Russia: The Old Ways Are The Nastiest


April 25, 2007: While most Russians appreciate the decline in crime and corruption over the past few years, older people are noting that the methods used are similar to those employed during the Soviet period. For example, political demonstrations, both indoors and out, are strictly regulated. In effect, they are discouraged. The government now controls most of the radio and television stations, and has issued restrictive rules on what can be reported, and how. Many younger Russians believe this is the way things operate in the West, or at least in Western Europe. That's a bit cynical, but not far off the mark for many countries. What does bring the youngsters up short are the government attempts to regulate what is said on the Internet. That does hit a little close to home for the kids.

April 23, 2007: The U.S. offered to cooperate with Russia on ballistic missile defense, in order to overcome Russian objections to American missile defenses being built in eastern Europe (to defend against Iranian and North Korean missiles.) Russia refused, but the U.S. is coming back with more goodies (technology, shared communications and data). Russia is uptight about the East European efforts because many Russians still resent losing the Cold War, and no longer being considered a superpower. That's a wound that is difficult to heal.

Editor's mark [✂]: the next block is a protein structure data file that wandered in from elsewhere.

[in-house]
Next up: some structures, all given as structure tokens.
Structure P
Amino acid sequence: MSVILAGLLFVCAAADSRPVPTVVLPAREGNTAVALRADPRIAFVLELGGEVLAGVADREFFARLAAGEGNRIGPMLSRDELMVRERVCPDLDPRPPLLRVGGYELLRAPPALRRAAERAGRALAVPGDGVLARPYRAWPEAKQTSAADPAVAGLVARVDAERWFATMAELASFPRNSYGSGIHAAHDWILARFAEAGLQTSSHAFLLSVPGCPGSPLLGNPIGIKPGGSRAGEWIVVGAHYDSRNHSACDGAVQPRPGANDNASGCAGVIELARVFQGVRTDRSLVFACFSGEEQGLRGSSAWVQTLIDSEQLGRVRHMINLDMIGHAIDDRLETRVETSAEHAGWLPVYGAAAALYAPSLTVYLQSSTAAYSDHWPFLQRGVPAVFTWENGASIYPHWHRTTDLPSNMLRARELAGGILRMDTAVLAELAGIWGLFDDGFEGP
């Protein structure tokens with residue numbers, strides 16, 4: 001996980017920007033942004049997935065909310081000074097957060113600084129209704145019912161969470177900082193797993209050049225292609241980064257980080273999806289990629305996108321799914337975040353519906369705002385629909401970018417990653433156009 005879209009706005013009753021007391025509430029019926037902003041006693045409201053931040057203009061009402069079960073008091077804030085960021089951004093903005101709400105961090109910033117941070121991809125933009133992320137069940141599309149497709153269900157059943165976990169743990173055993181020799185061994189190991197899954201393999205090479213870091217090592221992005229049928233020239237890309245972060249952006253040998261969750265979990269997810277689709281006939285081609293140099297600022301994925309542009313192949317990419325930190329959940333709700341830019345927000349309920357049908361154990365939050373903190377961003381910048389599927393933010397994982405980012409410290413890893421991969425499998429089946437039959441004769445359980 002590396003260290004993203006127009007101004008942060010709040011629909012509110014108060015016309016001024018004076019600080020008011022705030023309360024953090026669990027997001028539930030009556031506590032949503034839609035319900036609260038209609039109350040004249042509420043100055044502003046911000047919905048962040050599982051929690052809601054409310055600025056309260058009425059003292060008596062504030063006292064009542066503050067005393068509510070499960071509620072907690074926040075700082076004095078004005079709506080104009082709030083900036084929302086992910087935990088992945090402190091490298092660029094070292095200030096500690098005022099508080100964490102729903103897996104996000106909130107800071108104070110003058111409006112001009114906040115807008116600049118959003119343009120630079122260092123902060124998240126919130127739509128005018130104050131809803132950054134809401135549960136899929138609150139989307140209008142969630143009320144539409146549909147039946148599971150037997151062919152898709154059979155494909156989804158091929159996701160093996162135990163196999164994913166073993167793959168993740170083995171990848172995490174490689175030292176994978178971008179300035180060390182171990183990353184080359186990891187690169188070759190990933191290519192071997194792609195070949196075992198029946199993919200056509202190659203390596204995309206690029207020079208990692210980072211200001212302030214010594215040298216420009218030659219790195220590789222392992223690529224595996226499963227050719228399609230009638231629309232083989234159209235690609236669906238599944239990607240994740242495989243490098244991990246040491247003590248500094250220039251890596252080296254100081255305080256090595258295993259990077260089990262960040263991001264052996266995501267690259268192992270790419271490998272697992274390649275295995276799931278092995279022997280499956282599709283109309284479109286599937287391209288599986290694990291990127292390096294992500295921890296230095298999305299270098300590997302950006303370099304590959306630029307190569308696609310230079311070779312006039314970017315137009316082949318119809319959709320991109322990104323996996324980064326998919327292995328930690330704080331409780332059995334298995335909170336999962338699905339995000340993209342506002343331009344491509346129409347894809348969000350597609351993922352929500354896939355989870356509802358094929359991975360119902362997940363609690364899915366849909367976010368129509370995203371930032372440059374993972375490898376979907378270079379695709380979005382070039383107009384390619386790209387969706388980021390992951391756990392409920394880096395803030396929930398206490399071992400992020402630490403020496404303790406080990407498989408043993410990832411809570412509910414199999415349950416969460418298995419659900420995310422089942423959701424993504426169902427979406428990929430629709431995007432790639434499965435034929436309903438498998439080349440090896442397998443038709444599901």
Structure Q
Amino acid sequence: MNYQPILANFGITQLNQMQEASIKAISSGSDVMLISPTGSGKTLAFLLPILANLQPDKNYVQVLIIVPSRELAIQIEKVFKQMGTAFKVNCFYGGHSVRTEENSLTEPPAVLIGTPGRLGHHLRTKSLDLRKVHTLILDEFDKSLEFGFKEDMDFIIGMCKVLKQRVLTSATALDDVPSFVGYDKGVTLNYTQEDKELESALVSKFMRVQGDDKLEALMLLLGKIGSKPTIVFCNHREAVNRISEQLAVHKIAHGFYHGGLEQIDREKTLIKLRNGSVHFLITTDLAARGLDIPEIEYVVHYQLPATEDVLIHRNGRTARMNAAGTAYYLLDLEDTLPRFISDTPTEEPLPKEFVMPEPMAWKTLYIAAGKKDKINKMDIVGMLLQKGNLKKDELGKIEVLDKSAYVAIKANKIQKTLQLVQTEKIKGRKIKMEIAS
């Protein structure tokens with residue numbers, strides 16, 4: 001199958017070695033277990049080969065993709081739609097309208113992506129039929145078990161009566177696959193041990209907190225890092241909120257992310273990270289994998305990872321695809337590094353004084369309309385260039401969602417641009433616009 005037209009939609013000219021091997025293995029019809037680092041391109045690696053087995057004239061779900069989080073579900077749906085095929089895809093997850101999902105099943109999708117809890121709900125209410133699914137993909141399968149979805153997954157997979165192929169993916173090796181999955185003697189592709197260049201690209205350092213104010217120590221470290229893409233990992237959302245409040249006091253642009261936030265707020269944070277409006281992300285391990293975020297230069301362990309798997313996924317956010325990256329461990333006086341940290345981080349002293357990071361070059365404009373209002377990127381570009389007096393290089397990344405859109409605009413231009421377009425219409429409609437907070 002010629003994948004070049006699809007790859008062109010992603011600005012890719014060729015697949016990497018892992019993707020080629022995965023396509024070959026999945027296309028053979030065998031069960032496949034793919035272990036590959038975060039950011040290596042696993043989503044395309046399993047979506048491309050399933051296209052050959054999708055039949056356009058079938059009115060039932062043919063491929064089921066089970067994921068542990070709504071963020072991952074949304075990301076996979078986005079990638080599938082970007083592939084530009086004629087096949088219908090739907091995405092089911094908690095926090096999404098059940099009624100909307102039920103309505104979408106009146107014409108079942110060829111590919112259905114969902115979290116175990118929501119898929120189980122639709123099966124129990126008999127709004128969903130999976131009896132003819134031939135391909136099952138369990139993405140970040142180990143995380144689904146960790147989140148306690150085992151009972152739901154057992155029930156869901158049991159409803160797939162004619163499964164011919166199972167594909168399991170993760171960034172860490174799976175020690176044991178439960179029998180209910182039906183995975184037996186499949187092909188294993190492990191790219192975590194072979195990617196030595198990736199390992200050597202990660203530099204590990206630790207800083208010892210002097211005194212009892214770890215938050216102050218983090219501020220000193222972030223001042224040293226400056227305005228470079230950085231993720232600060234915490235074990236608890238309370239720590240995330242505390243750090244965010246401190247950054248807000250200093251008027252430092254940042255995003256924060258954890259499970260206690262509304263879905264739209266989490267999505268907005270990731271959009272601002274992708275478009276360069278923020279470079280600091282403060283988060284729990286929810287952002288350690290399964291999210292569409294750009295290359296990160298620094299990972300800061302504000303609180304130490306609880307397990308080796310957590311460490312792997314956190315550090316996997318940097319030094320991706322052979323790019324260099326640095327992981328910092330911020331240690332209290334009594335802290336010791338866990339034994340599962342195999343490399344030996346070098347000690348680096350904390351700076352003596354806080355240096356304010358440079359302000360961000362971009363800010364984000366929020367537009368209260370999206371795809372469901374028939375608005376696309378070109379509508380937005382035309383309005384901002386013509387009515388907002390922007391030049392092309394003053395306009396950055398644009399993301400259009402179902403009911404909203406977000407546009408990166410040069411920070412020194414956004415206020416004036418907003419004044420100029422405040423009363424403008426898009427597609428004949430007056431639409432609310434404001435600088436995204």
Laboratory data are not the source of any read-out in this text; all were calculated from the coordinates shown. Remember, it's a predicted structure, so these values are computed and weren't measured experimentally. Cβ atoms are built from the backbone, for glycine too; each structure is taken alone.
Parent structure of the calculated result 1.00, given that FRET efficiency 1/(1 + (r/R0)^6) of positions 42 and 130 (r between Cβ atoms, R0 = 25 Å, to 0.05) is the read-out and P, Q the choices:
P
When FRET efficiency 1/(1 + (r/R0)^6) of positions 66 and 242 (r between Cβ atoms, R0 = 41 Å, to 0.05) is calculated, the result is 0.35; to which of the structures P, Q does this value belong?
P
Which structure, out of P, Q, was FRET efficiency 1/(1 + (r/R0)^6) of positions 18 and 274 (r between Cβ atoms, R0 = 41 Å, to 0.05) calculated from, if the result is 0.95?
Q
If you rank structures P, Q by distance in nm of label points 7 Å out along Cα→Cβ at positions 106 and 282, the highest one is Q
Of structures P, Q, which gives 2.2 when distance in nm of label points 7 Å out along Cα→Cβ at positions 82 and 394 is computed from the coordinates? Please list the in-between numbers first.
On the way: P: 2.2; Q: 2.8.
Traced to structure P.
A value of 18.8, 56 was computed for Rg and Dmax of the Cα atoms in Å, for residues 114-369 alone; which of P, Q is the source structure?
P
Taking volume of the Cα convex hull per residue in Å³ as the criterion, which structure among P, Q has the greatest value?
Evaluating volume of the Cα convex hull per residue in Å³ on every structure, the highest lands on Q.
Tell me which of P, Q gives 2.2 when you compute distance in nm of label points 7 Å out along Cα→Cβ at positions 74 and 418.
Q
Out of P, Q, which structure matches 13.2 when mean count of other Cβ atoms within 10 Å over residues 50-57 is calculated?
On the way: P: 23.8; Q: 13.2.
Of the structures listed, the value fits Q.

April 21, 2007: After reaching $6.5 billion last year, Russian arms exports look like they will be up fifteen percent, to $7.5 billion for this year. Russia is becoming the arms seller of choice for those looking for the best price, or a source that is not bothered by bad press.

April 19, 2007: Russia and Georgia are still at odds over Russian support for Georgian separatists. Georgia believes Russia is doing this to maintain some control over the Georgian government. Most Russians, at least unofficially, are inclined to agree. Russia is using this approach with many of its neighbors, in a continuation of practices that are centuries old.

April 12, 2007: Police in Azerbaijan arrested eleven men suspected of being Islamic terrorists. The men had ties to Islamic terrorists in Chechnya. The eleven men were followers of the extremist Wahhabi sect of Islam. Wahhabis are showing up all over the region, thanks to decades of missionary efforts paid for by Saudi Arabia (where Wahhabism originated in the 18th century.)April 10, 2007: The government controls who gets appointed to be the paid imam (prayer leader and administrator) of mosques throughout the country. Taking these jobs is becoming dangerous, for there are a growing number of more radical Moslems, who resent moderates running all the mosques.


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